One my latest flying tour returning from the Swiss and French Alpine valleys dappled with summer sunshine and strange accents on air traffic control radio, I was very lucky to be faster than a rapidly expanding Cumulo-Nimbus storm cell just north of Paris…..
I was flying back a couple of weeks ago in the middle of the hottest summer we have had in Europe for decades with temperatures exceeding 38C in some places… The weather conditions were just right for the damp air coming from the west, gathering moisture over the Atlantic and the English Channel to form the usual summer thunderstorms on the western plains of France.
Unusually for me, I was not talking to anyone on the radio whilst flying, just listening out on Paris Information. I was looking at the horizon slowly disappearing into haze with light drizzle and virga in places, which could be seen clearly defined from clouds. I wondered whether I would be able to continue the 100 miles further to my destination of Le Touquet before 8 pm local time when they closed for the evening.
Suddenly my ears tingled on hearing an English helicopter pilot call out to say he was diverting due to heavy rain and lightening strikes nearby. The tingling was not due to the language but due to the lightening strikes. The embedded CB was moving at 20 knots from west to east directly into my flight path. I was flying at a leisurely 90 knots. The decision was quickly made to turn west, southwest so as to go behind the storm cell staying clear by about 10 to 15 miles. Calling Paris Info, introductions made, intentions clarified, potential diversion plan notified, I was given a squawk code and told that local weather conditions were perfect for a summer evening.
I heard some of the lightening crackle on the radio as it swamped the electro-magnetic spectrum with immense power and light. Fortunately I was well away from danger, going further away from it. In less than 10 minutes of deciding to divert from my flight path to avoid the haze and drizzle, I realised I was being overtaken by the rapidly expanding CB, engorging itself on the heat over the huge agricultural plains in France. My plan to divert to Beauvais airport, about 30 miles north of Le Bourget, Paris was quickly cancelled as I received the weather update from Paris Info. Beauvais was under another storm cell with hailstones and lightening strikes.
I tracked further south towards Paris and could see the city spread out under the early evening sunshine with the Eiffel Tower glinting cheekily. The joystick was snatched out of my hand and only being strapped very tightly in the seat prevented my head and shoulders being dashed into the overhead section of the wing spars. The turbulence was totally unexpected so far away from the edge of the storm. My instant reaction was to close the throttle and allow the aircraft to be thrown about. The Pipistrel Alpha rode the rough air very well and impressed me with its stability in the turbulence.
At the same time, Paris Info asked me to change frequency…. The conversation went something like this:-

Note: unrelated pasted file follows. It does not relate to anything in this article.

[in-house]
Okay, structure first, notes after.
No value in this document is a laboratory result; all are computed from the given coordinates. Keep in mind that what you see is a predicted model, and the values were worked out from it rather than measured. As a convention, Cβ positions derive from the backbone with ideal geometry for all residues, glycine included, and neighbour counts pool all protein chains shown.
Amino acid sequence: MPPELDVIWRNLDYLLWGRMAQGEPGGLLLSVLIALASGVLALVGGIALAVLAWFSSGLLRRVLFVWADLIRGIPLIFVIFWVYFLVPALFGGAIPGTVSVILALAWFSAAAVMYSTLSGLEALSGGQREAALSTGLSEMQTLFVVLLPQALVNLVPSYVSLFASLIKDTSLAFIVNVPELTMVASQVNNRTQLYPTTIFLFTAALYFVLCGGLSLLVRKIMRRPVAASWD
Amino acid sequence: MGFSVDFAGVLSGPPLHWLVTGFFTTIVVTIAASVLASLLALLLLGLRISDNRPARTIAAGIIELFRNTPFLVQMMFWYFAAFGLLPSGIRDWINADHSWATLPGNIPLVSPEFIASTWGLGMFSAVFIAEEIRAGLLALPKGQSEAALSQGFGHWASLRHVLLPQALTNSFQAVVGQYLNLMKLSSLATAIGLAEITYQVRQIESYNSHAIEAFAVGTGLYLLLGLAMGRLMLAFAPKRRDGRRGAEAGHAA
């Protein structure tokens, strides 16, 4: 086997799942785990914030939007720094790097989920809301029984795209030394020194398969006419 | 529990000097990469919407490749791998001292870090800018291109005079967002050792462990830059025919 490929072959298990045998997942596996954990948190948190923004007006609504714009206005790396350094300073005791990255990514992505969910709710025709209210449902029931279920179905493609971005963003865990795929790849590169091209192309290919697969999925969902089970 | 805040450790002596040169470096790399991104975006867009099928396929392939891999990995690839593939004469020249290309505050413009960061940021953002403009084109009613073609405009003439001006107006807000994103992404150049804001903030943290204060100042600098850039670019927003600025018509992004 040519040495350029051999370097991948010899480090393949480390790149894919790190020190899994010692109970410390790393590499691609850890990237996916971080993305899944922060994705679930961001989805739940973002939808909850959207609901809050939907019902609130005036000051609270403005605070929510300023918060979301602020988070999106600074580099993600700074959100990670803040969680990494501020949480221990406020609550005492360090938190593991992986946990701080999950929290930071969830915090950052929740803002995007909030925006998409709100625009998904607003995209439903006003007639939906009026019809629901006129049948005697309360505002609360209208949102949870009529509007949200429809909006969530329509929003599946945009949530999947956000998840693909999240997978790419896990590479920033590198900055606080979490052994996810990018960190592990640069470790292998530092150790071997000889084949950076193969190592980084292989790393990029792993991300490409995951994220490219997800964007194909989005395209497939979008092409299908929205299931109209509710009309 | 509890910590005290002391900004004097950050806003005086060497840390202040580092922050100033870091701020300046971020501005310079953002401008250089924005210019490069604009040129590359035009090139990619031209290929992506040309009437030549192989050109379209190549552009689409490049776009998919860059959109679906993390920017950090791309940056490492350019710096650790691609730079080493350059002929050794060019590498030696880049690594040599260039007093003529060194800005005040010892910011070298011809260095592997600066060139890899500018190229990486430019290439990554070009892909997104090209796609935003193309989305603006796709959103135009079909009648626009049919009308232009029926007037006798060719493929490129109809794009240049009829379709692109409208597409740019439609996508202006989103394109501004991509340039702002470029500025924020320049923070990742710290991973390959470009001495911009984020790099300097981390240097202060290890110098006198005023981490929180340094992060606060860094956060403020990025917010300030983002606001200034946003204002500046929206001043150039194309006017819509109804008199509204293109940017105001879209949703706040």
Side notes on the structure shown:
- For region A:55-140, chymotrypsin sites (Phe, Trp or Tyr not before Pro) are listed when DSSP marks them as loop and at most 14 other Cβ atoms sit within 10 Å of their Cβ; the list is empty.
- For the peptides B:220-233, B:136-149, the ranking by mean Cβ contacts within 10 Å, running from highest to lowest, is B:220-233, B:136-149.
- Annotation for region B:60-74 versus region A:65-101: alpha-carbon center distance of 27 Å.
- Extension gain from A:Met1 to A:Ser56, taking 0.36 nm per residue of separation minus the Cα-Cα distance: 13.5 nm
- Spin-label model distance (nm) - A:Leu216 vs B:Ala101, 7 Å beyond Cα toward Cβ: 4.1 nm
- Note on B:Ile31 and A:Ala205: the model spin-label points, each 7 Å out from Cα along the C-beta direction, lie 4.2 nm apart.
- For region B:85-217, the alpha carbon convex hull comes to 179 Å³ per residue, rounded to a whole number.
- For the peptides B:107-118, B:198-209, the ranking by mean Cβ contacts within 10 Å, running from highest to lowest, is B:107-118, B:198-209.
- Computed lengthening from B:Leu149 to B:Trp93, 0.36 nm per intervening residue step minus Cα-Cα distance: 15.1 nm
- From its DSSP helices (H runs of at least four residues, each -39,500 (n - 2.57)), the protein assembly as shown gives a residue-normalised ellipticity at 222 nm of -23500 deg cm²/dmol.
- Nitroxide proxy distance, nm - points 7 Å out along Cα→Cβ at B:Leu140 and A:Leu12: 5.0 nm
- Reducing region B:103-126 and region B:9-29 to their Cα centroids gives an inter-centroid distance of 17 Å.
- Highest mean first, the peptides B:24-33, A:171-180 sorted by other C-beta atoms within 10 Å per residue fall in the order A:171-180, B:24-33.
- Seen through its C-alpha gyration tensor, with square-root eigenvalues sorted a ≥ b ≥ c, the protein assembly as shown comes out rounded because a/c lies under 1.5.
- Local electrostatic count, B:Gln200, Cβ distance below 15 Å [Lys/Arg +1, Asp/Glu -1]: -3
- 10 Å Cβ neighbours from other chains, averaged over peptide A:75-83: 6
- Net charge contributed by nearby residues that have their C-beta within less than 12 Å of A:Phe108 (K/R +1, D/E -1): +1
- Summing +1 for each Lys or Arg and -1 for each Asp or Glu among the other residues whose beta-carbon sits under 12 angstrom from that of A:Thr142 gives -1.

I said “Paris, I am unable to control my height”
“confirm you are unable to control your flight?”
“don’t talk to me I am busy flying”
“do you need assistance”
“there is an airfield two miles away for you to land”
“I am not landing anywhere in this turbulence; I have never crashed with the sky, I am safer up here than trying to land in the turbulence”
“Le Bourget is available for you to land… weather is calm and CAVOK”
“I can see that; but the storm on my right is expanding rapidly so I am going to bust your space”
“you already have; please squawk 7706”
“unable due to turbulence; when able, Wilco”
“okay no problem”
After what seemed like 20 minutes (but was actually less than 10 min) of very rough air throwing me about, I came out of the boundary turbulence of the storm cell. I did a visual check of the cockpit to see if anything had broken loose and finding that everything worked and the engine was running smoothly, I continued westwards to Pontoise airport. They had been told by Paris Info about my encounter with turbulence and were awaiting my diversion.
“ah yes, Whiskey Oscar; welcome, we are waiting for you and are proud of you to handle the flight”
That voice provided much relief with such a welcoming attitude…. Helped me land smoothly on their tarmac.
Aircraft tied down, taxi out, cheap hotel, small beer, phone call home, lights out. The next morning at the airfield, quick fuel up, coffee, thank yous to all involved and happy smooth journey over the Channel back to Blighty…
Lessons learned:- summer flying is great, expect thunderstorms. Keep SkyDemon handy and updated with all databases and plates. Talk to ATC for info and to listen out and build a picture of what is happening to other aircraft. Call for diversion sooner than later. Ask for help sooner than later. Storms move at 10 to 20 knots and you can fly away faster than them. But the storm can expand very rapidly and envelope you from above and around.
I remember the view from the cockpit of a Boeing 737, many moons ago from Delhi to Mumbai when we were asked to divert more than 200 miles to avoid a summer CB which extended from 1500’ to 45000’ over the hot Indian plains… fortunately the CB in Europe are not that large.. but large enough to kill us if we venture near them.
See my flight path and that of the storm cell in the pictures… The screen shots were taken after I landed so it shows the CB over my flight path, but rest assured I was not so close to it when I was flying or I would be telling this tale…